I think we may find that modern and traditional worship should go hand in hand. But as I conclude this post on traditional worship, let me remind you to look at the old stuff, read it, engage with it.  Modernise the tune if you must, but we can learn so much from them if used correctly. Ultimately, it doesn’t matter what tune we use, what tongue or language we worship God with, English, Swahili, even bird-song. He will be glorified, and ultimately, one way or another, every knee will bow to His name.  At the same time, traditional churches, do not be afraid of modernising, and do not rely on traditions, do not add things to Jesus.  I think when I come to the concluding series, the word ‘balance’, as is key in all the posts found on this blog, will be used and I think in worship we need to find this balance.  I love traditional worship, my background is mainly in traditional worship, but I believe we are missing out.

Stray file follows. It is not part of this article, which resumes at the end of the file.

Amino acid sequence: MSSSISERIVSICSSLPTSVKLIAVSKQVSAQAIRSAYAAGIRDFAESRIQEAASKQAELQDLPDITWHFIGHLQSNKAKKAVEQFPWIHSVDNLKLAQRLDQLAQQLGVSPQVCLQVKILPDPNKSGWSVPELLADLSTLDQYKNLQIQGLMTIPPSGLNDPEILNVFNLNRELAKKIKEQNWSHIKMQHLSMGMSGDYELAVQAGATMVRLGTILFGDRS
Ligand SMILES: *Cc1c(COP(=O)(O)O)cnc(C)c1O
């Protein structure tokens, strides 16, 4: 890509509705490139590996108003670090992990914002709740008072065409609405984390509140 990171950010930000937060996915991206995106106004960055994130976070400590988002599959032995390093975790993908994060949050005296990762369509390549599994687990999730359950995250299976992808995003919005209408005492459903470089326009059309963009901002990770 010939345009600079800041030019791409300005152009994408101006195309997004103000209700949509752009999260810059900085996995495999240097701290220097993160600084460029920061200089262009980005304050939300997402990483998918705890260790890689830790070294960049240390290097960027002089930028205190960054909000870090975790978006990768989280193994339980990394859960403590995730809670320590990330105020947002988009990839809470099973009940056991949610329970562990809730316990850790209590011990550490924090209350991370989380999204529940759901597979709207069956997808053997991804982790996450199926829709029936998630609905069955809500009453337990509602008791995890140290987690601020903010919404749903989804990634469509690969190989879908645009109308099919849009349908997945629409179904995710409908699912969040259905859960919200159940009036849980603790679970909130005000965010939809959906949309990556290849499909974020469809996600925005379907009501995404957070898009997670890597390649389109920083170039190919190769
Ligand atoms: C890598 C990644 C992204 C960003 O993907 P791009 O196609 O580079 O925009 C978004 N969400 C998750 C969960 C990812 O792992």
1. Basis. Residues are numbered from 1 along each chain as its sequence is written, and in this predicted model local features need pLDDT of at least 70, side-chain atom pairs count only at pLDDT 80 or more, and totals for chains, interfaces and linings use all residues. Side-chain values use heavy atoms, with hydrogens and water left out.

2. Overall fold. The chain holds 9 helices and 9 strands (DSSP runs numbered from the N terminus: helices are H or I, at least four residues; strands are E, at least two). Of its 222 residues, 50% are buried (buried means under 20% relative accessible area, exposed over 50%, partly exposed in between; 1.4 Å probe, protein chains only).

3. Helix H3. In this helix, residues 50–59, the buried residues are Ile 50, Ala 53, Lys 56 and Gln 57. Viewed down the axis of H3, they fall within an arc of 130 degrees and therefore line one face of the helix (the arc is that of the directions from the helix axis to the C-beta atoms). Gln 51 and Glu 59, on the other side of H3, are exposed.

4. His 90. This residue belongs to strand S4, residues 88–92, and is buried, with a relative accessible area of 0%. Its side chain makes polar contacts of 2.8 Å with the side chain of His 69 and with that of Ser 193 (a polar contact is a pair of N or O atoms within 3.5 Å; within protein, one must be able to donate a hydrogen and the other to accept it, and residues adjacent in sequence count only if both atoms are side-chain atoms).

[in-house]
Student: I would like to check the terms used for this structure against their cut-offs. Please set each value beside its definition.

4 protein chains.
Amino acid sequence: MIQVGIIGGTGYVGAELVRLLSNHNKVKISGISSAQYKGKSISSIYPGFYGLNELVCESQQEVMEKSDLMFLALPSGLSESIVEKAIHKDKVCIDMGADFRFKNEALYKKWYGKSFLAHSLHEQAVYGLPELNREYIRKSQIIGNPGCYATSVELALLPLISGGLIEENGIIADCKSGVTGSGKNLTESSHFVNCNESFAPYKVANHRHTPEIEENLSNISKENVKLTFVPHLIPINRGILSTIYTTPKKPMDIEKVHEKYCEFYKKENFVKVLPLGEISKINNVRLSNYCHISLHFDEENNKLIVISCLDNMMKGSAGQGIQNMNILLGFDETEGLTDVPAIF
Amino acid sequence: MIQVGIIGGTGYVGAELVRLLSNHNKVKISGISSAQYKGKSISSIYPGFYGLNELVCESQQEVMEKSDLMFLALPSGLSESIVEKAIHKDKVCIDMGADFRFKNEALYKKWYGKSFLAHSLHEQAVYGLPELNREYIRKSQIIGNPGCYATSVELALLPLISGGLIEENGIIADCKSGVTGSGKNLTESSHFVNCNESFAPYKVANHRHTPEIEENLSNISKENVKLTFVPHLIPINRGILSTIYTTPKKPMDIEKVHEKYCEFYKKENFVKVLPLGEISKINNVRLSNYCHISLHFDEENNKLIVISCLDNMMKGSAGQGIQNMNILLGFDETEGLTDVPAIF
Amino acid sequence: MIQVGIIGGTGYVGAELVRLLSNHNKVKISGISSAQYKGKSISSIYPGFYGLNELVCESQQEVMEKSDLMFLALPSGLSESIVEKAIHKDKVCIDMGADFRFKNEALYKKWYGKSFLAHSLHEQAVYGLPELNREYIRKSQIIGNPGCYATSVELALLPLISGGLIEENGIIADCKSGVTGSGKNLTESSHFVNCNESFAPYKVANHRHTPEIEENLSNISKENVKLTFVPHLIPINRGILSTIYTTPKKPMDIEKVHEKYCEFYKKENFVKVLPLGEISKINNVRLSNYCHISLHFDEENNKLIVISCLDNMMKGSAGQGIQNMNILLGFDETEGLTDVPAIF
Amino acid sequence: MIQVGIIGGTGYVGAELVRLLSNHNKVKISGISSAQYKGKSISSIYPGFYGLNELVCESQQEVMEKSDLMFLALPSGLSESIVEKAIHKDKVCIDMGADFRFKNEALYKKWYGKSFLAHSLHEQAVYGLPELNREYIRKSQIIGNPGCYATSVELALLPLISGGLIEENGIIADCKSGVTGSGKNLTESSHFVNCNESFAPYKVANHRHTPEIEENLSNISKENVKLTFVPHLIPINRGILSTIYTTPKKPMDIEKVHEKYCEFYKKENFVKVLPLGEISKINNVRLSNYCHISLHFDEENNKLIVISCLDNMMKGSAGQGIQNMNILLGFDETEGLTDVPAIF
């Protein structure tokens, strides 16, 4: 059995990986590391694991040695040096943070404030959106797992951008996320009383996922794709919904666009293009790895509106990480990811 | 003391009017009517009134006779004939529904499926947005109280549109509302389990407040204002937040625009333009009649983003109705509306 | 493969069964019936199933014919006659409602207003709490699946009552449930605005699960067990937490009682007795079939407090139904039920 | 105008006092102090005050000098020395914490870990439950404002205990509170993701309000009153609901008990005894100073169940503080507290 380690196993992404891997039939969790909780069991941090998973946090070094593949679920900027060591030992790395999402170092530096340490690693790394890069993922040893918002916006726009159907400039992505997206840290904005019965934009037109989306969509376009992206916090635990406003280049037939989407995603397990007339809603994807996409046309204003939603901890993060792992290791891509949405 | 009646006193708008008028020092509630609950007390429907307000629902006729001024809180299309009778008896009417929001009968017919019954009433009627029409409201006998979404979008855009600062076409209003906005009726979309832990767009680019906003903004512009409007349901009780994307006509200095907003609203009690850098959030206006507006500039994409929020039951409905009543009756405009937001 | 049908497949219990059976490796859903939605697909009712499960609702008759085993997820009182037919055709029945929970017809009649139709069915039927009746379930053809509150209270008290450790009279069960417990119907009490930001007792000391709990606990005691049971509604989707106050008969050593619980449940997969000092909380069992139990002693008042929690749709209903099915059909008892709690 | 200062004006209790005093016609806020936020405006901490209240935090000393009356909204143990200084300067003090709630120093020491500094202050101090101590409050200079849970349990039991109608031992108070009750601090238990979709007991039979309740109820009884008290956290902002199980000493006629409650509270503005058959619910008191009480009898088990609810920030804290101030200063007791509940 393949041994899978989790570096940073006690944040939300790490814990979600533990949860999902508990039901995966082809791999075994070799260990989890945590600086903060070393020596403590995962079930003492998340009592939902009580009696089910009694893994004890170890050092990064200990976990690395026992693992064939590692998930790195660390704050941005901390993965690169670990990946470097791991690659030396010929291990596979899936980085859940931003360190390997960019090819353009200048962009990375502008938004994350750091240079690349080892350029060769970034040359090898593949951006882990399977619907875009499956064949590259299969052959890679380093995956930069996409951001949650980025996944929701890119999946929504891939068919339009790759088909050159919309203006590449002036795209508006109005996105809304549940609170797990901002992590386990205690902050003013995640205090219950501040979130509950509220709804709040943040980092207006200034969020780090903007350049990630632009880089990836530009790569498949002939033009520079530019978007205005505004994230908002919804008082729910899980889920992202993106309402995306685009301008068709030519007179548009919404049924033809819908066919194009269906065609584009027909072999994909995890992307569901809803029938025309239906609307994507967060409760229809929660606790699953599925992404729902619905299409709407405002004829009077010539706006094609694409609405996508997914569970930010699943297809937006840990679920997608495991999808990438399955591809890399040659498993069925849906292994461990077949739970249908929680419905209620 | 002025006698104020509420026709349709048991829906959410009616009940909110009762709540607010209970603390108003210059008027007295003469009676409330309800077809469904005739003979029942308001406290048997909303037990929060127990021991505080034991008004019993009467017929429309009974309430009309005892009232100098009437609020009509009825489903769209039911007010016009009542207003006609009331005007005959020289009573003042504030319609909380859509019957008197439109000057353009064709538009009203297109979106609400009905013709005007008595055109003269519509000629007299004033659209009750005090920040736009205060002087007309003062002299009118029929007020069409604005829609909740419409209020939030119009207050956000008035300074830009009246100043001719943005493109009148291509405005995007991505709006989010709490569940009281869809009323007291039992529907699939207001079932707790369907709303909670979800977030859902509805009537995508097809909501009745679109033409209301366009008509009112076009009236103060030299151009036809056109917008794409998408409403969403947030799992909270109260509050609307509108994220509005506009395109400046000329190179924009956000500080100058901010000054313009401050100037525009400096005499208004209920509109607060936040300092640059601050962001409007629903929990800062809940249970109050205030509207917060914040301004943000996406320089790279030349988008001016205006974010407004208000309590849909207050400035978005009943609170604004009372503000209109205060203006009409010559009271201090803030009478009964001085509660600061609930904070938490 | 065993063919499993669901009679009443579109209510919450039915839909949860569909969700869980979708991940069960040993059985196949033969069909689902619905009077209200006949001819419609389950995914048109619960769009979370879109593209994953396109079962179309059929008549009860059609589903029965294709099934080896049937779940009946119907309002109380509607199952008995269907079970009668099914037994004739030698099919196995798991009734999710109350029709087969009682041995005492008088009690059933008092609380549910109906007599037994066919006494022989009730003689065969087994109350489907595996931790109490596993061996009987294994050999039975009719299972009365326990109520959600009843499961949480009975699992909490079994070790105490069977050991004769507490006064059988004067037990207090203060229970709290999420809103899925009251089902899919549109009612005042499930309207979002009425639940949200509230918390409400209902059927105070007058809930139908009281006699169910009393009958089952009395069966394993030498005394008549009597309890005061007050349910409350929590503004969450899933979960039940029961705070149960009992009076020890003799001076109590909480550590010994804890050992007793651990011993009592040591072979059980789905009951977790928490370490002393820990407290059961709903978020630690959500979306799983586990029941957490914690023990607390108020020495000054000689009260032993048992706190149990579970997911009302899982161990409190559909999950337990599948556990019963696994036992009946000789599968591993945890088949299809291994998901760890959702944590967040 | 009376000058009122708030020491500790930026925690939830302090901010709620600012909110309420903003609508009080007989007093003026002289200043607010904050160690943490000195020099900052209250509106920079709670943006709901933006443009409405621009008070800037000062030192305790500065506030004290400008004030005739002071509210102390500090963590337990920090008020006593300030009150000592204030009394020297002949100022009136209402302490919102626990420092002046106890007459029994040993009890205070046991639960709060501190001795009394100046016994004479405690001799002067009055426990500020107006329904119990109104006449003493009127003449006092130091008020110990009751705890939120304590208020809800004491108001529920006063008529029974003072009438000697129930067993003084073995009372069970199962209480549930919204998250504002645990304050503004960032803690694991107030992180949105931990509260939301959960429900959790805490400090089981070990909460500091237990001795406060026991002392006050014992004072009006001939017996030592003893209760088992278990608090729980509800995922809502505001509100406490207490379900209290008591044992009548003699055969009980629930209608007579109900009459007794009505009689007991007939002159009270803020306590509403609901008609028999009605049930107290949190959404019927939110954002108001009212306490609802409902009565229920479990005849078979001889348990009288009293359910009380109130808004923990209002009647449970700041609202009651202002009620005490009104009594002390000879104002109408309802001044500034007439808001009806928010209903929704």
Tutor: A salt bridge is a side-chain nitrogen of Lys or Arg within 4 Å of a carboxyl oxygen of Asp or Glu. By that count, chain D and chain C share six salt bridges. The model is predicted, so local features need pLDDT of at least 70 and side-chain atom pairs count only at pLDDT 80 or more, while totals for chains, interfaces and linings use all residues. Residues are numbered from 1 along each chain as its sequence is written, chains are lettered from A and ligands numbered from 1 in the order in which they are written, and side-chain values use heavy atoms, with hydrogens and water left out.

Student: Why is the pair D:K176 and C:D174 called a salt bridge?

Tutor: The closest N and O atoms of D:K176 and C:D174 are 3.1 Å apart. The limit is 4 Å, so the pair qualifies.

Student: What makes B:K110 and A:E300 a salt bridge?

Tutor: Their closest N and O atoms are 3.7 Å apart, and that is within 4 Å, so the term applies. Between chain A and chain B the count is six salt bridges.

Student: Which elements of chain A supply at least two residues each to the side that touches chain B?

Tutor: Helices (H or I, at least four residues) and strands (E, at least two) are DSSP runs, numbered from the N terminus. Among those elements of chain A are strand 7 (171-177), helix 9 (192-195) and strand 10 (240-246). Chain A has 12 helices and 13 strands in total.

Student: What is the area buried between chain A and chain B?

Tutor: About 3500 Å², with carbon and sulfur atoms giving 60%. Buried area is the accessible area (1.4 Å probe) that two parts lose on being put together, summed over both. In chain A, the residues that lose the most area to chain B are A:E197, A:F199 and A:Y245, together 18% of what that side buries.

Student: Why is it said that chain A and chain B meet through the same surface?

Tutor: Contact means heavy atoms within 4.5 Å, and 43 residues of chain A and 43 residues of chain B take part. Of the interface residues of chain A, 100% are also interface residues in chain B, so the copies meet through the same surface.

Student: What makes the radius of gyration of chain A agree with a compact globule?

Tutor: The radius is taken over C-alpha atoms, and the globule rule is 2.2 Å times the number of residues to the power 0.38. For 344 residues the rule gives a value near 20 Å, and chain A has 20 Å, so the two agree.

To modern worship leaders, open a hymn book; be inspired by the words that you read. Include hymns in worship; lead the congregation in amazing praise to Jesus, the father and the spirit.  Do not be stifled by tradition, but let this be a new era for the church, where old meets new, where the Lord is lifted high, and where we can reach a greater level of unity and not trifling differences separate us.  However we worship: if Christ is central and God is glorified, praise Him!